“The bottom line is that it’s still expensive,” Nevada County Supervisor Ed Scofield noted Tuesday as the board voted unanimously to approve a new, 88-page “ADU Guidebook” for owner-builders from the county Planning Department.
As reported Sept. 15, the Nevada County Board of Supervisors approved the regulations that would allow property owners in “urban clusters” in the county to build accessory dwelling units (ADUs) on their land.
Furthermore, as reported July 6, the board approved five master plans for building ADUs anywhere in the unincorporated county. Ranging from an ADU above a garage to a small starter home, these highly customizable construction plans allow a homeowner-builder to avoid the usual costs of engineering and architectural design for an individual dwelling unit.
The plans were developed by Mother Lode ADU, a partnership among Nevada, Amador, Calaveras and Mariposa counties. Using Regional Early Action Planning (REAP) funds authorized by California Senate Bill 2, the counties contracted with Jackson & Sands Engineering Inc. of Chico and the Russell Davidson Architecture + Design of Grass Valley to create the master plans.
Guidebook to cost
Both Scofield and Supervisor Lisa Swarthout expressed concern that the combined cost of construction and permitting fees will make these ADUs not affordable for low-income and working-poor people.
“Affordable housing is going to be a function of how much it costs to build it,” associate planner Marie Maniscalco told Swarthout at Tuesday’s board meeting.
Maniscalco presented the new “ADU Guidebook” to the board. The guidebook is designed to “take the mystery out of the process” of building an ADU, she said.
The guidebook incorporates the newest state laws and is relevant to anyone building in Nevada County, said Brian Foss, planning director.
Essentially, the impressive 88-page document is a one-stop resource for everything you need to know about building an ADU. It explains the county permitting process, includes a cost calculator, and even provides exercises for prospective homeowner-builders to complete to help them decide which master plan to use and how to use it.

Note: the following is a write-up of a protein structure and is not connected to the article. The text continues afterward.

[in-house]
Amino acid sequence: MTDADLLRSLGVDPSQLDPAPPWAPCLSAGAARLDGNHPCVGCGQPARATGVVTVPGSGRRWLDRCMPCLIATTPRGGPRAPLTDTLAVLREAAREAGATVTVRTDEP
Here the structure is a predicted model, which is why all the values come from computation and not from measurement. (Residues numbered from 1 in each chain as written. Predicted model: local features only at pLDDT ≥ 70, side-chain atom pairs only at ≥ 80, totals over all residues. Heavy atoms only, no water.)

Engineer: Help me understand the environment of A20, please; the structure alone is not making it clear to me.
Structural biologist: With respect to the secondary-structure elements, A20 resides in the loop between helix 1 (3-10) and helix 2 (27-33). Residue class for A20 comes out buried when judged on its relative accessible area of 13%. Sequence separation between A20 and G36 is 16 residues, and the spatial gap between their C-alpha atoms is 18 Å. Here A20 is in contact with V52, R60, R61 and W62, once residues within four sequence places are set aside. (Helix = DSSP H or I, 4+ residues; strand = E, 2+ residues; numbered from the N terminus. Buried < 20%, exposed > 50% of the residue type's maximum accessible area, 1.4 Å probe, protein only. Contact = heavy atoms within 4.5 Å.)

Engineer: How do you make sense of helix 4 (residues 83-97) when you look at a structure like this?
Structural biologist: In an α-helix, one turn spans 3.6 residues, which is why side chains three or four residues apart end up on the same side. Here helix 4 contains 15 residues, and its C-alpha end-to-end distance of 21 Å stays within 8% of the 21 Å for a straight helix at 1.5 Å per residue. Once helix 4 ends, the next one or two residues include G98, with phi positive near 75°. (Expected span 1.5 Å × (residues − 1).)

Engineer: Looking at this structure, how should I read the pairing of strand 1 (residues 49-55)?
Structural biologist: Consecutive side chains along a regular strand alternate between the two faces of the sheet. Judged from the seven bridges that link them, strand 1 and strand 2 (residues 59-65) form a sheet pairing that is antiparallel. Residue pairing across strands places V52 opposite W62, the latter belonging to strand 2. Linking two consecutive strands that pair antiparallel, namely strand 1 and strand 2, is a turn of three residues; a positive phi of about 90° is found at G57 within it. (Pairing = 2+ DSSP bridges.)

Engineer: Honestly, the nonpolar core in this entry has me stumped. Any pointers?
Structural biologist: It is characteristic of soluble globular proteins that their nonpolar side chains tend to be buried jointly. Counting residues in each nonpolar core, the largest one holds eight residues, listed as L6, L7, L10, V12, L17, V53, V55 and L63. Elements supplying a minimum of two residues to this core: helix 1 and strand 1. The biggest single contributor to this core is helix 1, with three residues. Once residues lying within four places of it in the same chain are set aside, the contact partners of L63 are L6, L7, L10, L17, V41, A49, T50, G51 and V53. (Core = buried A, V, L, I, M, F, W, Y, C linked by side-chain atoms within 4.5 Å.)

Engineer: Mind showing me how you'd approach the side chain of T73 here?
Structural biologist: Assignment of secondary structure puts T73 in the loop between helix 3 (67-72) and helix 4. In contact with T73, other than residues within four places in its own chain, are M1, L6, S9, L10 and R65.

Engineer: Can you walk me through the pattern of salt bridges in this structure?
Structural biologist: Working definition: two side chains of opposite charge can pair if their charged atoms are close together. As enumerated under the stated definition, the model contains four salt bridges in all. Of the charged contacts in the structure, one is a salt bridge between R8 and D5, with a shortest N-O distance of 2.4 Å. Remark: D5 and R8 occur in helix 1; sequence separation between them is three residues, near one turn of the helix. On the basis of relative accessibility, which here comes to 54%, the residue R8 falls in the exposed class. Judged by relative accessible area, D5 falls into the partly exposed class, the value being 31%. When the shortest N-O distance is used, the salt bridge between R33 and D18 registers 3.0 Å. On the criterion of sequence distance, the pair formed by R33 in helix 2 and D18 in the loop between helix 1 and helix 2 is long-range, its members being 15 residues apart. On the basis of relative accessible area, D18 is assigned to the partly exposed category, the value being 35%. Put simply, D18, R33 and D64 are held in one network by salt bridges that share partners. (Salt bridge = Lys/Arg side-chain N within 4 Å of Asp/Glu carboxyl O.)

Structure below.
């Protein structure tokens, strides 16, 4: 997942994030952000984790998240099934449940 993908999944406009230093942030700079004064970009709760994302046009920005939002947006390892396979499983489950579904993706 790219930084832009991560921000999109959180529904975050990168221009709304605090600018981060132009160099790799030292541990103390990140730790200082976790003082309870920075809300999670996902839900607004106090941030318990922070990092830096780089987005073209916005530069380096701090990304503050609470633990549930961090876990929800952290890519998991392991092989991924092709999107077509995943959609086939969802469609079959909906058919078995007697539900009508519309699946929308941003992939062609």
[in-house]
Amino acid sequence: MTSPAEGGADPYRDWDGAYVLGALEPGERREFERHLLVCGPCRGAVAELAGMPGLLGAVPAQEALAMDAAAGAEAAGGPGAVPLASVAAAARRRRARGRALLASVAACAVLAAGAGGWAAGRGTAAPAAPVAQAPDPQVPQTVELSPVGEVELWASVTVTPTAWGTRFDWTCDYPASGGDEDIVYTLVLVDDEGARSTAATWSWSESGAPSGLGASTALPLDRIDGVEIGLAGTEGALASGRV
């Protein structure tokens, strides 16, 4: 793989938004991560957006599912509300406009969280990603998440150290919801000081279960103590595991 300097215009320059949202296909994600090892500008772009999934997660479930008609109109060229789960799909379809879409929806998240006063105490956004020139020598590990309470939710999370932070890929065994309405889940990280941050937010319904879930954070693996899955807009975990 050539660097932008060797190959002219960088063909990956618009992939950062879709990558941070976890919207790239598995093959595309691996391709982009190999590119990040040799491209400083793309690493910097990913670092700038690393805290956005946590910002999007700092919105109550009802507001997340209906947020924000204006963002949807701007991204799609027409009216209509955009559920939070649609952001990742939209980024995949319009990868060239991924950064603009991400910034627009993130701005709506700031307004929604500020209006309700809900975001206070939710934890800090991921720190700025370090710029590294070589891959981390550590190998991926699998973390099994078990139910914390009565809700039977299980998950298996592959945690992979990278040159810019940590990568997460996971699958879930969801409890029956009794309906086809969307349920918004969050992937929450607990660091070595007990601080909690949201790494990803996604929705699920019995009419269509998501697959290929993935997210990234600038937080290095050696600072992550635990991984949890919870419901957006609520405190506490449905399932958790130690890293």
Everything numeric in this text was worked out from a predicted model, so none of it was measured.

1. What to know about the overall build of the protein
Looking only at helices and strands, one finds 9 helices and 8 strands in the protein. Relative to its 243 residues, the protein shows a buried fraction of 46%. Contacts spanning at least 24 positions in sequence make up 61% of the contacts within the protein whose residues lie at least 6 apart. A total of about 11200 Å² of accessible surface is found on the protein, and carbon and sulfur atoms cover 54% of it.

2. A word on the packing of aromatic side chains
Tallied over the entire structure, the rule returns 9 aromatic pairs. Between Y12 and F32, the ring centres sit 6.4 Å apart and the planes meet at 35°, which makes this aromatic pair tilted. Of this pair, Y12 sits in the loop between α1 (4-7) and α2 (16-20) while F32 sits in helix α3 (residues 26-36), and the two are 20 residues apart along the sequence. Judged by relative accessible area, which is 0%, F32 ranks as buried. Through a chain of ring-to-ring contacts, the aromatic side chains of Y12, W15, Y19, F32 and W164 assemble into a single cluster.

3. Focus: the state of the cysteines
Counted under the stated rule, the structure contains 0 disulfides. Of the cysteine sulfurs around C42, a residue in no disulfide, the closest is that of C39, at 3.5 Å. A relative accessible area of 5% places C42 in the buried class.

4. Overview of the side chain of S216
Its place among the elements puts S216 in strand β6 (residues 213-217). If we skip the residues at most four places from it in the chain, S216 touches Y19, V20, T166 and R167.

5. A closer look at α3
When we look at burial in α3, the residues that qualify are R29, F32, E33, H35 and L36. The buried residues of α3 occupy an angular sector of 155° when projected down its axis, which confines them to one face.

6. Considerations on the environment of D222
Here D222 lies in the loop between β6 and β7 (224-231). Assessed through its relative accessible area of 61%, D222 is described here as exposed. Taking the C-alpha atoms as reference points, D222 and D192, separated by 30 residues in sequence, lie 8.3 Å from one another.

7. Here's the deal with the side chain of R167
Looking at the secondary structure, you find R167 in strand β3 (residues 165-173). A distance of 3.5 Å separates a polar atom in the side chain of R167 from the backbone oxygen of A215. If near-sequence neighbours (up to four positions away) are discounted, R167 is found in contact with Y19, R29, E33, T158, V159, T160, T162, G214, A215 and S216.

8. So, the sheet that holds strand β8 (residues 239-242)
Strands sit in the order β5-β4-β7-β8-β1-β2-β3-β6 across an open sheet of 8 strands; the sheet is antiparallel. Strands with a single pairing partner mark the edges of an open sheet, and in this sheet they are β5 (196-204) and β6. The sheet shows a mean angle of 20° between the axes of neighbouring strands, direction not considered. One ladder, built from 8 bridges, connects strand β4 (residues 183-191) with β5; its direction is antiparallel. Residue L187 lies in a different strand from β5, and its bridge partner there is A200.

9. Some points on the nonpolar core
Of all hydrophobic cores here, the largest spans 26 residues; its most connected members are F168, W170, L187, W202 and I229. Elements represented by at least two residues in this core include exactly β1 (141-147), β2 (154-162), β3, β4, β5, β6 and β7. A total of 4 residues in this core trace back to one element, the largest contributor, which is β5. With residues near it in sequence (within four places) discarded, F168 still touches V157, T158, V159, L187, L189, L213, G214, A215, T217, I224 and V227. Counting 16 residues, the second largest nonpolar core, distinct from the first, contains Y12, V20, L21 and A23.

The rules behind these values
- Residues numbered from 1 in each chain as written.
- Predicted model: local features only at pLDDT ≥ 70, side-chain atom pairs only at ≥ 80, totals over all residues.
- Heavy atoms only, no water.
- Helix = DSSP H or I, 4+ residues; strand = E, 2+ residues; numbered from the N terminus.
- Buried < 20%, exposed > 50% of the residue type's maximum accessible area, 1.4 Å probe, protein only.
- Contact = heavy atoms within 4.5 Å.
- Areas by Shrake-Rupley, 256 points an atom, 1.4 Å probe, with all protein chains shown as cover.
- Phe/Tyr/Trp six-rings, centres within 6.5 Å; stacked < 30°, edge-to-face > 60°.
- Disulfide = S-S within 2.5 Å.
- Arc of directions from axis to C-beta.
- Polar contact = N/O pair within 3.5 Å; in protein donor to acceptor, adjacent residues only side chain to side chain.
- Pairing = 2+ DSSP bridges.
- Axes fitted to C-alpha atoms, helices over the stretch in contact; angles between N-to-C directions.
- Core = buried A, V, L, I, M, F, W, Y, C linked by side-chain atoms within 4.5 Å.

For more information about the guidebook and to purchase a master plan, contact the Nevada County Planning Department at email@example.com or 530-265-1222 (Option 2) or the Rood Administrative Center at 950 Maidu Avenue, Suite 170, Nevada City. The website is www.nevadacountyca.gov/512/Planning-Department.
The final draft of the guidebook the supervisors approved Tuesday may be downloaded as a PDF at https://www.nevadacountyca.gov/DocumentCenter/View/50714/Nevada-County-ADU-Guidebook—DRAFT.
Residents who live in the city limits of Grass Valley, Nevada City or Truckee should consult their local planning or building departments.
Obstacles to adus
Aside from the prohibitive costs to construct a legal ADU, other factors make it difficult or impossible to build.
Scofield observed that the CC&Rs (covenants, conditions & restrictions) of some HOAs (homeowners associations) can prevent the construction of ADUs. This could stymie ADU construction in unincorporated urban clusters like Alta Sierra, Lake of the Pines, Lake Wildwood and other wealthy U.S. Census” tracts within the spheres of influence of Grass Valley and Nevada City.